The US dollar has now entered the early stages of what looks to be a sharp descent. The dollar’s real effective exchange rate (REER) fell 4.3% in the four months ending in August. The decline has been even steeper as measured by other indexes, but the REER is what matters most for trade, competitiveness, inflation, and monetary policy.
To be sure, the recent pullback only partly reverses the nearly 7% surge from February to April. During that period, the dollar benefited from the flight to safety triggered by the “sudden stop” in the global economy and world financial markets arising from the COVID-19 lockdown. Even with the recent modest correction, the greenback remains the most overvalued major currency in the world, with the REER still 34% above its July 2011 low.
I continue to expect this broad dollar index to plunge by as much as 35% by the end of 2021. This reflects three considerations: rapid deterioration in US macroeconomic imbalances, the ascendancy of the euro and the renminbi as viable alternatives, and the end of that special aura of American exceptionalism that has given the dollar Teflon-like resilience for most of the post-World War II era.
The first factor – America’s mounting imbalances – is now playing out in real time with a vengeance. The confluence of an unprecedented erosion of domestic saving and the current-account deficit – joined at the hip through arithmetic accounting identities – is nothing short of staggering.
The net national saving rate, which measures the combined depreciation-adjusted saving of businesses, households, and the government sector, plunged into negative territory at -1% in the second quarter of 2020. That had not happened since the global financial crisis of 2008-09, when net national saving fell into negative territory for nine consecutive quarters, averaging -1.7% from the second quarter of 2008 to the second quarter of 2010.
But the most important aspect of this development was the speed of the collapse. At -1% in the second quarter, the net saving rate fell fully 3.9 percentage points from the pre-COVID 2.9% reading in the first quarter. This is, by far, the sharpest one-quarter plunge in domestic saving on record, dating back to 1947.
What has triggered this unprecedented collapse in net domestic saving is no secret. COVID-19 sparked a temporary surge in personal saving that has been more than outweighed by a record expansion in the federal budget deficit. The Coronavirus Aid, Relief, and Economic Security (CARES) Act featured $1,200 relief checks to most Americans, as well as a sharp expansion of unemployment insurance benefits, both of which boosted the personal saving rate to an unheard of 33.7% in April. Absent these one-off injections, the personal saving rate quickly receded to a still-lofty 17.8% in July and is set to fall even more sharply with the recent expiration of expanded unemployment benefits.
Offsetting this was a $4.5 trillion annualized widening of the federal deficit in the second quarter of 2020 (on a net saving basis), to $5.7 trillion, which swamped the $3.1 trillion surge in net personal saving in the same period. With personal saving likely to recede sharply in the months ahead and the federal budget deficit exploding toward 16% of GDP in the current fiscal year, according to the Congressional Budget Office, the plunge in net domestic saving in the second quarter of 2020 is only a hint of what lies ahead.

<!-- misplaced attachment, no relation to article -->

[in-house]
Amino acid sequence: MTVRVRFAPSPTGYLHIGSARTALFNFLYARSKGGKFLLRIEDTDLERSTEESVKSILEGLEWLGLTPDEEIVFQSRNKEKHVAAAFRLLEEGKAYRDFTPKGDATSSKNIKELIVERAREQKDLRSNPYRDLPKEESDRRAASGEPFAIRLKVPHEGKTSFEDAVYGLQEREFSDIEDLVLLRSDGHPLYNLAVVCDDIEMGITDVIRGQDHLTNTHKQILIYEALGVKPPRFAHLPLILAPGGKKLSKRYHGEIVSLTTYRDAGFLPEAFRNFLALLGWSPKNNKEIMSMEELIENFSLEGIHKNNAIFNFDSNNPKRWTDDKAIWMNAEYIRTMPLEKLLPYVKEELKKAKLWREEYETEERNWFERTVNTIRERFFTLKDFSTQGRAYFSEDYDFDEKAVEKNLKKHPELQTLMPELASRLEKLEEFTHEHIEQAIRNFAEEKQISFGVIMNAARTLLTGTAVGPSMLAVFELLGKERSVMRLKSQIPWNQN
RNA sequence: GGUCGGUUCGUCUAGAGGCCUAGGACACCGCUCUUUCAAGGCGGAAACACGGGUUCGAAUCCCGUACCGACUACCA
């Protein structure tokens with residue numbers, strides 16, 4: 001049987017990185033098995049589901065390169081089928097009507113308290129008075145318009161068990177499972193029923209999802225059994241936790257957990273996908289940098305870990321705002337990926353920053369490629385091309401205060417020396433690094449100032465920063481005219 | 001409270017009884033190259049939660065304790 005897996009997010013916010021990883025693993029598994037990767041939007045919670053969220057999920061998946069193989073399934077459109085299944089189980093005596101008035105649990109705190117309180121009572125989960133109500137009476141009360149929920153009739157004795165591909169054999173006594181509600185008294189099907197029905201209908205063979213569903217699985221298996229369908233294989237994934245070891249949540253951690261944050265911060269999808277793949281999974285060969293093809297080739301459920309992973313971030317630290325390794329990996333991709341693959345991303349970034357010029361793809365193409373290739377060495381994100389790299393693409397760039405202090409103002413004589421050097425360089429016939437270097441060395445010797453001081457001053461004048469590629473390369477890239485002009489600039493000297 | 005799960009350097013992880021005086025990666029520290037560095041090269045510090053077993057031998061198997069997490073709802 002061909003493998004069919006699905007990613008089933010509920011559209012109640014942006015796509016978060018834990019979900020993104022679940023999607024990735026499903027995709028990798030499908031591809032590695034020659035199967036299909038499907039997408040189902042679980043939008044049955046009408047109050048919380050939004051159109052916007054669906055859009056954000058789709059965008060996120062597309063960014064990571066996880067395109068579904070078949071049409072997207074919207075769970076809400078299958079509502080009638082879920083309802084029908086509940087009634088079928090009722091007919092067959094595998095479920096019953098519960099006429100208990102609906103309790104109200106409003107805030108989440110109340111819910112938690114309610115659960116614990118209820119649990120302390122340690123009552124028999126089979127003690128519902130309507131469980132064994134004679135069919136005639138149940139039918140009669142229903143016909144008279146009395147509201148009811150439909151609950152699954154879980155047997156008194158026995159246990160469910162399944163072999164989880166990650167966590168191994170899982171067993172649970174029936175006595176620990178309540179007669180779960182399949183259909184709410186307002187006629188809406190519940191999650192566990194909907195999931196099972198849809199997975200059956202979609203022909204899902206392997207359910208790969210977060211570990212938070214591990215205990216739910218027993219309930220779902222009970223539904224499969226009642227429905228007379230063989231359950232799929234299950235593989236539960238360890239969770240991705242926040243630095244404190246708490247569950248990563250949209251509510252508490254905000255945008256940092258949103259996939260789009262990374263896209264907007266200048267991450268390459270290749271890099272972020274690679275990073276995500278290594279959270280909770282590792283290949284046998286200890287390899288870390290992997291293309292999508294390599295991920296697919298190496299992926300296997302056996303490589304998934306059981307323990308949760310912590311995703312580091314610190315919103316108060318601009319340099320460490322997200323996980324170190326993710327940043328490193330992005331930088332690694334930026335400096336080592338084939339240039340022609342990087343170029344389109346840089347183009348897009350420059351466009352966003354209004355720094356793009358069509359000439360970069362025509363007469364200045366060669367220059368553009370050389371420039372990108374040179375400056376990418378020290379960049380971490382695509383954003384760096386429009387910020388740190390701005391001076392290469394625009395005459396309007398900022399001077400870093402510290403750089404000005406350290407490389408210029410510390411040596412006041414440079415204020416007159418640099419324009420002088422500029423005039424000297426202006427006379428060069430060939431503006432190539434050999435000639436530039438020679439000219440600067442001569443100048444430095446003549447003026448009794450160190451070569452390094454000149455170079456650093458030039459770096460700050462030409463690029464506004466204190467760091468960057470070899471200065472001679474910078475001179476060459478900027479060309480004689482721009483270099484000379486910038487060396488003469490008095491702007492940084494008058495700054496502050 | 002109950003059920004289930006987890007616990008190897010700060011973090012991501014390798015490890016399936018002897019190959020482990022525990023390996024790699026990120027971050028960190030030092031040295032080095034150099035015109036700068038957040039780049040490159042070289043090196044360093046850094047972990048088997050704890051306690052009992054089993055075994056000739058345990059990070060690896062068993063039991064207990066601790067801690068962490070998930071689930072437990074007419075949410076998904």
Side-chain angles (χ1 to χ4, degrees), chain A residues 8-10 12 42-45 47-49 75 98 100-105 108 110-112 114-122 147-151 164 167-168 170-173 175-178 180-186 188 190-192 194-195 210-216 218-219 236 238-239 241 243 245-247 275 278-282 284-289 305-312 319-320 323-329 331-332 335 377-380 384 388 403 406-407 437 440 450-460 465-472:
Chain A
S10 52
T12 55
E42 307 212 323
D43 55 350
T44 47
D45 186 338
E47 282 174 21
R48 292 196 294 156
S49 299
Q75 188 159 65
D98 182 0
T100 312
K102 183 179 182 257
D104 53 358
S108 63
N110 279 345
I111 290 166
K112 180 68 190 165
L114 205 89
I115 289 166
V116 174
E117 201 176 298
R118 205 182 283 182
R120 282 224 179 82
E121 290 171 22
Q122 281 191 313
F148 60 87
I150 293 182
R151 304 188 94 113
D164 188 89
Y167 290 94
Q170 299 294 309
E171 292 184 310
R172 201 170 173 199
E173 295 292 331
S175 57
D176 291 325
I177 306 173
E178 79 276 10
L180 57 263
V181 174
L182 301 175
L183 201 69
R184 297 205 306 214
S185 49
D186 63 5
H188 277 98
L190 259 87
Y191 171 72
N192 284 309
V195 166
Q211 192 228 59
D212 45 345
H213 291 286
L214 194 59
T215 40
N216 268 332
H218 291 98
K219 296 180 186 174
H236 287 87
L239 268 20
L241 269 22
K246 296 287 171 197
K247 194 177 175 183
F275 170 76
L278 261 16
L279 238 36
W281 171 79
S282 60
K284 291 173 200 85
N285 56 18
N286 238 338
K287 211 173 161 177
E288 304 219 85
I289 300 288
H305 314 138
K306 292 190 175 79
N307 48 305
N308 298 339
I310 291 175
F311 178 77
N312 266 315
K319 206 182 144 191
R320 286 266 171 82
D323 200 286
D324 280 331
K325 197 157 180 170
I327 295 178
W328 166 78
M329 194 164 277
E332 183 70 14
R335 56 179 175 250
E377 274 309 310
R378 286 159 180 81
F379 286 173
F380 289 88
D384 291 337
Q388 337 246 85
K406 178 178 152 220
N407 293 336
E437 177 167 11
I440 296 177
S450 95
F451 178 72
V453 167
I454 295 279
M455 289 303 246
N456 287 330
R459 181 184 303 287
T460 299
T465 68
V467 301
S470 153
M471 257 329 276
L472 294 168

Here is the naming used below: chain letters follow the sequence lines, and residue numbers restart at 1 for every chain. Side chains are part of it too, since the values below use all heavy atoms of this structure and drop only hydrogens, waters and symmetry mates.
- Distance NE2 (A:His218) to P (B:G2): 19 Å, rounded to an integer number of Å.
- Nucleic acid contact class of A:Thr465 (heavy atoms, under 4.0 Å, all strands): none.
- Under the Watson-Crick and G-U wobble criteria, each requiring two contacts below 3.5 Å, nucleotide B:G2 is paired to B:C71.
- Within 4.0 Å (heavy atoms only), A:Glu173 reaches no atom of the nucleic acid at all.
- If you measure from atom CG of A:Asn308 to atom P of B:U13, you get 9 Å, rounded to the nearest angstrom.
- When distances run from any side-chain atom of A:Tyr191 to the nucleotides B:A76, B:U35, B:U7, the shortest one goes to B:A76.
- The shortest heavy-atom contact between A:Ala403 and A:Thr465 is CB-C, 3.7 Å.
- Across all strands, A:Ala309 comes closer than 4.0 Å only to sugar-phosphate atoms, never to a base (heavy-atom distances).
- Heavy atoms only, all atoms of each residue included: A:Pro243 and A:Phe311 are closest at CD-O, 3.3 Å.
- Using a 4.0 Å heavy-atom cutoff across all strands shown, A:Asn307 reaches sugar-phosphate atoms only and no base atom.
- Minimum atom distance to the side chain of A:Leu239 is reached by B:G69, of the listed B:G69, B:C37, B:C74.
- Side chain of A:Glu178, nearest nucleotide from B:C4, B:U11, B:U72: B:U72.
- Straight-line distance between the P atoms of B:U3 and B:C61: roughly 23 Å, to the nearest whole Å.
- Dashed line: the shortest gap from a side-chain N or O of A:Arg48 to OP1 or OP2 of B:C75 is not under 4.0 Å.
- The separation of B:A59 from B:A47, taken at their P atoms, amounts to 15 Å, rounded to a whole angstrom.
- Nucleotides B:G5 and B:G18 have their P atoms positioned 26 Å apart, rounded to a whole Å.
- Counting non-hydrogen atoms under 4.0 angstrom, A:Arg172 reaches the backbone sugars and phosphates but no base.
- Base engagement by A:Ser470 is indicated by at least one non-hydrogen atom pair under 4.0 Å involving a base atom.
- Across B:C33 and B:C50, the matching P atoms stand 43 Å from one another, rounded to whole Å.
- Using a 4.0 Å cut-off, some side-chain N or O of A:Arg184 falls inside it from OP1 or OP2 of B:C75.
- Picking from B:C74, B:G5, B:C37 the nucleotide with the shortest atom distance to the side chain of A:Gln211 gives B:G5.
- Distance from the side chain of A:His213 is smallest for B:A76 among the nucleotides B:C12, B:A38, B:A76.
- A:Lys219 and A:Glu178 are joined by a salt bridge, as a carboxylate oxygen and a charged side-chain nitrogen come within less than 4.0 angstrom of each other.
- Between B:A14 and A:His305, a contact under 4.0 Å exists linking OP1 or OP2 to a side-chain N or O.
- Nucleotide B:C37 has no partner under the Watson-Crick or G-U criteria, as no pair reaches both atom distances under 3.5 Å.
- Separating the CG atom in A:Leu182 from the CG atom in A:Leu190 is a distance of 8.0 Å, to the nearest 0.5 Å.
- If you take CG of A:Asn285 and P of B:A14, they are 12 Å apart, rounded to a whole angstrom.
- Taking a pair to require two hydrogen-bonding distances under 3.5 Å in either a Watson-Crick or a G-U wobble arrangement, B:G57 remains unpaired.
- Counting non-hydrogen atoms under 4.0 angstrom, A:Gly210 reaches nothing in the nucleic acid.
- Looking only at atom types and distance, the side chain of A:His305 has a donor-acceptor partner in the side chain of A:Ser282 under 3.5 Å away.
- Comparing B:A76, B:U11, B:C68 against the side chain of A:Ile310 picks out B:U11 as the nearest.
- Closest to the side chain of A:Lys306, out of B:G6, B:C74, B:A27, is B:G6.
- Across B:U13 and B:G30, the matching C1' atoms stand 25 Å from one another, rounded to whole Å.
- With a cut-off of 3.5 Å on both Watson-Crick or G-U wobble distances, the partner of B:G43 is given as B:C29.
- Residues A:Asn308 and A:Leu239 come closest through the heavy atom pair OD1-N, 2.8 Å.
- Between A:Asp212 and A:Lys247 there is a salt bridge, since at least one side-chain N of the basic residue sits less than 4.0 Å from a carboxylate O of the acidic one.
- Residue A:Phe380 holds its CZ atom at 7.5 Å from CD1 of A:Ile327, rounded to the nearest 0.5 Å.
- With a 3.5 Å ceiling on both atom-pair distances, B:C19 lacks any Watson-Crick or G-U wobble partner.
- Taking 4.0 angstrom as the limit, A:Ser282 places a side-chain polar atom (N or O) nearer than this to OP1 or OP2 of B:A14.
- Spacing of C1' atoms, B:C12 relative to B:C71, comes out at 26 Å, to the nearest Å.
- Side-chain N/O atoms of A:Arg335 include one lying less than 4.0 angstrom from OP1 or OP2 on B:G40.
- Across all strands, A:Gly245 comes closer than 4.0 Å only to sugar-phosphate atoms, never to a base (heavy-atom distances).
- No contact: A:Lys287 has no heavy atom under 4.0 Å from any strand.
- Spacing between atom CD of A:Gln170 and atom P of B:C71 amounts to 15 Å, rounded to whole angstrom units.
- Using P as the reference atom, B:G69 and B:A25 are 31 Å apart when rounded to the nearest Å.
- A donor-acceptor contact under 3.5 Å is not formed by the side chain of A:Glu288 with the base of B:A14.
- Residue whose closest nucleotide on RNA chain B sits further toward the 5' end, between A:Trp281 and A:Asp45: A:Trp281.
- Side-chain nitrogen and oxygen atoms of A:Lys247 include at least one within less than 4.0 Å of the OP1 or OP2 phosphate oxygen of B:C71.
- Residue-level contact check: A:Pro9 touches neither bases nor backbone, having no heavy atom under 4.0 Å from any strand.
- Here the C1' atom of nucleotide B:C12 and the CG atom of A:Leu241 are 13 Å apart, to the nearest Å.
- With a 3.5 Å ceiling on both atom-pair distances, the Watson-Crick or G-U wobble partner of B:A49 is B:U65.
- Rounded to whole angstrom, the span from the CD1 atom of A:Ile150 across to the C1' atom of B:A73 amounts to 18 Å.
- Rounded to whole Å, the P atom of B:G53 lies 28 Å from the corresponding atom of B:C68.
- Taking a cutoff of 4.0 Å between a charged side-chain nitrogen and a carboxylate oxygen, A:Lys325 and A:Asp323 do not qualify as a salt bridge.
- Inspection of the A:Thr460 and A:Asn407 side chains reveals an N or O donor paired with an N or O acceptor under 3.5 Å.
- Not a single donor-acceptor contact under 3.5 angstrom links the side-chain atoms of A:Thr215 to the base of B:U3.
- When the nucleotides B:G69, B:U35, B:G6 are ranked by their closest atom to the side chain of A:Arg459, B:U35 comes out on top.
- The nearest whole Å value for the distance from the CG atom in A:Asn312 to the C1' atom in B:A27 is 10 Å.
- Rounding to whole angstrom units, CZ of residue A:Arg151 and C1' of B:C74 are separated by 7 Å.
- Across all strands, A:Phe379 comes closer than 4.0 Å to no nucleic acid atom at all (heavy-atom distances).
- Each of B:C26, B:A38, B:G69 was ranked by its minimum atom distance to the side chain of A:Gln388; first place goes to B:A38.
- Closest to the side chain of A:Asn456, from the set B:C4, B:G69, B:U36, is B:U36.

This will trigger a collapse in the US current-account deficit. Lacking in saving and wanting to invest and grow, the US must import surplus saving from abroad and run massive external deficits to attract foreign capital. Again, this is not esoteric economic theory – just a simple balance-of-payments accounting identity.
The validity of this linkage was, in fact, confirmed by the recent release of US international transactions statistics for the second quarter of 2020. Reflecting the plunge in domestic saving, the current-account deficit widened to 3.5% of GDP – the worst since the 4.3% deficit in the fourth quarter of 2008 during the global financial crisis.
Like the saving collapse, the current-account dynamic is unfolding in an equally ferocious fashion. Relative to the 2.1%-of-GDP current-account deficit in the first period of 2020, the 1.4-percentage-point widening in the second quarter was the largest quarterly deterioration on record (dating back to 1960).
With the net domestic saving rate likely headed into record depths of between -5% and -10% of national income, I fully expect the current-account deficit to break its previous record of 6.3% of GDP, recorded in the fourth quarter of 2005. Driven by the explosive surge in the federal budget deficit this year and next, the collapse of domestic saving and the current-account implosion should unfold at near-lightning speed.
It is not just rapidly destabilizing saving and current-account imbalances that are putting downward pressure on the dollar. A shift in the Federal Reserve’s policy strategy is a new and important ingredient in the mix. By moving to an approach that now targets average inflation, the Fed is sending an important message: zero-interest rates are likely to persist for longer than previously thought, regardless of any temporary overshoots of the 2% price stability target.
This new bias toward monetary accommodation effectively closes off an important option – upward adjustments to interest rates – that has long tempered currency declines in most economies. By default, that puts even more pressure on the falling dollar as the escape valve from America’s rapidly deteriorating macroeconomic imbalances.
In short, the vise is tightening on a still-overvalued dollar. Domestic saving is now plunging as never before, and the current-account balance is following suit. Don’t expect the Fed, focused more on supporting equity and bond markets than on leaning against inflation, to save the day. The dollar’s decline has only just begun.